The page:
For Irish Masters International Claire Bell, the women she shares the pitch with provide more than just friendship. Here, the World Cup winner delves into the details of the special camaraderie that breeds Irish success.
Claire Bell’s passion for hockey has burned bright since the age of 10.
Despite the challenges of raising 3 children and juggling a full-time career as a Primary School teacher, Claire has always found time to work hockey into her lifestyle.
Today, at 56, her love for the sport is still going strong.
A stalwart member of the Irish Masters hockey community since 2012, Claire has recorded an incredible 46 caps for her country.
In addition to her individual achievements, she’s enjoyed her fair share of success alongside her teammates. Their most notable triumph was a Masters Over 50s World Cup win in 2018, which saw them named Irish hockey’s most successful Ladies Masters squad ever.
When asked about the secret to this success, Claire attributed it all to “hard work, a motivation to improve and most importantly, the special camaraderie amongst the group.”
Motivation to improve
When Claire initially embarked on her Masters hockey career, she was met with nothing but encouragement and support from her teammates.
Constant motivation from her peers ignited improvements in her game and with this a drive to improve and achieve bigger and better things.
With the help of her team and their friendship, Claire quickly realised that “even though you’re in a certain stage of life it doesn’t mean you have to hang up your shoes and stop playing.”
She explains, “Individually I’m quite hard on myself but as a team we’re very encouraging towards each other. That motivates you to keep improving because you’re getting positive feedback and insights into ways to improve your game further.”
“We’re a tight-knit group and we’ve done really well in terms of results – that in itself breeds success and motivates the whole team to work hard for each other.”
The supportive nature of her teammates on the pitch has been central to the team’s success, however it’s the extension of this support system off the pitch that’s had the greatest impact.
As a self-funded organisation, Claire’s Masters team have come together to overcome a number of hurdles simply to be able to compete.
Claire believes that giving people ownership of different club functions has been key to maintaining the strong bond keeping the team together.
From scouting sponsorship, to reducing personal expenses, to providing food and accommodation to those who travel for training, each individual does their bit for the greater good of the team.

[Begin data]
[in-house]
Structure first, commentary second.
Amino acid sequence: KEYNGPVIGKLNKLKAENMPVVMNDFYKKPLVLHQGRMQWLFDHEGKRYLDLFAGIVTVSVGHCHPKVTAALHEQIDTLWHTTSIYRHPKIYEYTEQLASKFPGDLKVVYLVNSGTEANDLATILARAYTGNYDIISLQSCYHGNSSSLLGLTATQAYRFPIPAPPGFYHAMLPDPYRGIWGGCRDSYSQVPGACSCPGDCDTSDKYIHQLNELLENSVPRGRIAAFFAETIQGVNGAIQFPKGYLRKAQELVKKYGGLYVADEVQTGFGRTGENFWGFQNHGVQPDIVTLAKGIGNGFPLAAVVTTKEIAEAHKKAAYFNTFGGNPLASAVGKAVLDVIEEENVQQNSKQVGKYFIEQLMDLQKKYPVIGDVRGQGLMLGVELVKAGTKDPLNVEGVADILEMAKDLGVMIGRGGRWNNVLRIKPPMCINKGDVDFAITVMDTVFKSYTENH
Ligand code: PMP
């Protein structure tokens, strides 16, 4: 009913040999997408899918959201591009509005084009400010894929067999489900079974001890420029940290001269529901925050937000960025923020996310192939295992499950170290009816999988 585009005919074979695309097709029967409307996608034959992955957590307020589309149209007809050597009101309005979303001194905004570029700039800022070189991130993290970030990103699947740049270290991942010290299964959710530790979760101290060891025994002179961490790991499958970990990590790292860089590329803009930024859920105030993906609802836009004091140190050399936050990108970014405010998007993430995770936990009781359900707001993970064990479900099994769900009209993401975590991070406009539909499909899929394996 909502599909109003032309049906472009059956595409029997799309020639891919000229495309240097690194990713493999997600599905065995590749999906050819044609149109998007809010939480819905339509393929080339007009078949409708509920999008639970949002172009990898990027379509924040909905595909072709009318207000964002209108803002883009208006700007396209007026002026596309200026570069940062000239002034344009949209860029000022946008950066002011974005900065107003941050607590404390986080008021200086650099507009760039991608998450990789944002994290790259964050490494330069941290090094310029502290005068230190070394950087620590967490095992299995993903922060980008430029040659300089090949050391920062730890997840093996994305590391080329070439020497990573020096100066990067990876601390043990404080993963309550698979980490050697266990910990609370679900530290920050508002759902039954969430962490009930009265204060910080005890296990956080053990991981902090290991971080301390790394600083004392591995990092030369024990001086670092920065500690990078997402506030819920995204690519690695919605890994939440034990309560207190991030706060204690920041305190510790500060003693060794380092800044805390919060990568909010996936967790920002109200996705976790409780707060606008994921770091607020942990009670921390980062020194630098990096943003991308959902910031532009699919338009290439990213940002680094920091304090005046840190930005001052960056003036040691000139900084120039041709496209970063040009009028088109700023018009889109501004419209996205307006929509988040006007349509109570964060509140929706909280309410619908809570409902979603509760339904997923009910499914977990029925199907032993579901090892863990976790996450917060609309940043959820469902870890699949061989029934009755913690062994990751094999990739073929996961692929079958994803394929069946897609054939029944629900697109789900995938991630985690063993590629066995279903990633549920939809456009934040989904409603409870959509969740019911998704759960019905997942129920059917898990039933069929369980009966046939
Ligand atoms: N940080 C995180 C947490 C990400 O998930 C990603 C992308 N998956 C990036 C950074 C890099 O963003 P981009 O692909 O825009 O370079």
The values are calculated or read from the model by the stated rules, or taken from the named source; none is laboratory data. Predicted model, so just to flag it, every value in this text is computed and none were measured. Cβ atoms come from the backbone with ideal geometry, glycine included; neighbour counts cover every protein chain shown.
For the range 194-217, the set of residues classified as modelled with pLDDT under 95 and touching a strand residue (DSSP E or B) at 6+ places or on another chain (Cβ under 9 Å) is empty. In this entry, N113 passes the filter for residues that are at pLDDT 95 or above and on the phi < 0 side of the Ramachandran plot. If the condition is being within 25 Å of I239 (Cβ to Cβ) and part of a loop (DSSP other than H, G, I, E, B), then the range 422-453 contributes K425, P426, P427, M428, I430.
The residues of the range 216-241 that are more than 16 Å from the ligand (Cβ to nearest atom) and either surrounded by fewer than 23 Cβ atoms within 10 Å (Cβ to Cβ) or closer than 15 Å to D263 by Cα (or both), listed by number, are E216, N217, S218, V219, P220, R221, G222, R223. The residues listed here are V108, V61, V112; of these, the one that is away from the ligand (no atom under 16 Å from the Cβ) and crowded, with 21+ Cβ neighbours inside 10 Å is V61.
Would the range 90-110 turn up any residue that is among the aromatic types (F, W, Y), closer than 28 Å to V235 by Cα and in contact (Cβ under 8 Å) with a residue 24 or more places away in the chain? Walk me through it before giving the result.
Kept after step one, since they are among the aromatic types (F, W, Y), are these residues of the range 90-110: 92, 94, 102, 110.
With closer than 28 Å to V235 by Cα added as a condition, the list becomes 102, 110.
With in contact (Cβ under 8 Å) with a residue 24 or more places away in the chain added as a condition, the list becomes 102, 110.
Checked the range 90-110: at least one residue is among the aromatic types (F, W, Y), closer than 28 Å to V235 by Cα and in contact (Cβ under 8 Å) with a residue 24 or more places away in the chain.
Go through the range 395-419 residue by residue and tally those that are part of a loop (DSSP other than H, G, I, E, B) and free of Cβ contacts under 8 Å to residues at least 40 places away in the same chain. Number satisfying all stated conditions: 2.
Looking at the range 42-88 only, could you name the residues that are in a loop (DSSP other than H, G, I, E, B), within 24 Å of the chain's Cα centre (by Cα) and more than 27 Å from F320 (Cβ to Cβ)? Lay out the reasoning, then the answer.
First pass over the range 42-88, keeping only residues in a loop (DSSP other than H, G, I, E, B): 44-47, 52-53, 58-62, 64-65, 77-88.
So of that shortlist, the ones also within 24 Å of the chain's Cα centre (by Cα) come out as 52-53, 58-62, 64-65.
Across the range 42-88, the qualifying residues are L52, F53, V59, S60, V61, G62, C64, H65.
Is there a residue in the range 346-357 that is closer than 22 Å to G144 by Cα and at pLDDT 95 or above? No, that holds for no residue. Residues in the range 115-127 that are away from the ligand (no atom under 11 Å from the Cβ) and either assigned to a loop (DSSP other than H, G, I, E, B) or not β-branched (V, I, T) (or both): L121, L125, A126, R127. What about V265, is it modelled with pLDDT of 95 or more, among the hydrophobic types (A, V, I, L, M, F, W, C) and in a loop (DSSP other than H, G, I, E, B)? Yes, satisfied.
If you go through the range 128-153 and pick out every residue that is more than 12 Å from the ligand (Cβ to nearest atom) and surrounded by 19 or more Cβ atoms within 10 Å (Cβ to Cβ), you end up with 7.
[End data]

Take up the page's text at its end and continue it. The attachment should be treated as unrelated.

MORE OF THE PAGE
“A lot of our success with regards to our strong team morale comes from good communication and organisation,” says Claire. “We have a coach and a fantastic manager in Gill Jackson, but we’ve also given ownership of different areas to different people. Everyone has their role both on and off the pitch.”
The power of friendship
For Claire, the relationship with her teammates is a special kind of friendship only people who’ve played team sports can really understand.
They’re more than just teammates. First and foremost, they’re friends.
From injury woes to tough personal circumstances, this fantastic group of women rally around each other in times of need.
Claire explains they help each other both on and off the pitch: “Lots of the girls have been through family things and we just rally around them. Masters hockey has come as a saving grace to them as they have something to focus on and a way to meet new people.”
“I went through a divorce in 2012 and Masters hockey and my teammates gave me a new focus for my passion for hockey. It was a new chapter.”
“We have each other’s backs. It’s a special kind of friendship – it’s more like an extended family. We have each other’s best interests at heart.”
This special bond resonates throughout the wider Masters community too.
When asked about the friends she’s made throughout her Masters career, Claire says,
“The camaraderie is fantastic. I’ve met so many new people, I’ve got friends all over the world. When visiting my daughter in Australia I spent time visiting one my Aussie friends I met whilst competing. I’ve met so many interesting people.”
Claire has experienced the many benefits of Masters sport. She’s enjoyed success, seen improvements in her personal game and benefitted both physically and mentally.
Of greatest value to her are the incredible, life-long friendships she’s made along the way. For her, these relationships off the pitch are the key to success on it.
To those considering returning to team sport at Masters level, Claire’s advice is to “come along to try it out and see what it is all about. If you’re motivated to join and already have a skill set, you can resurrect that. It does take motivation and training to get back at it but it’s definitely worth it!”
If you’re interested in taking up a team sport, why not do so through the Masters Games? Take a look at our upcoming events.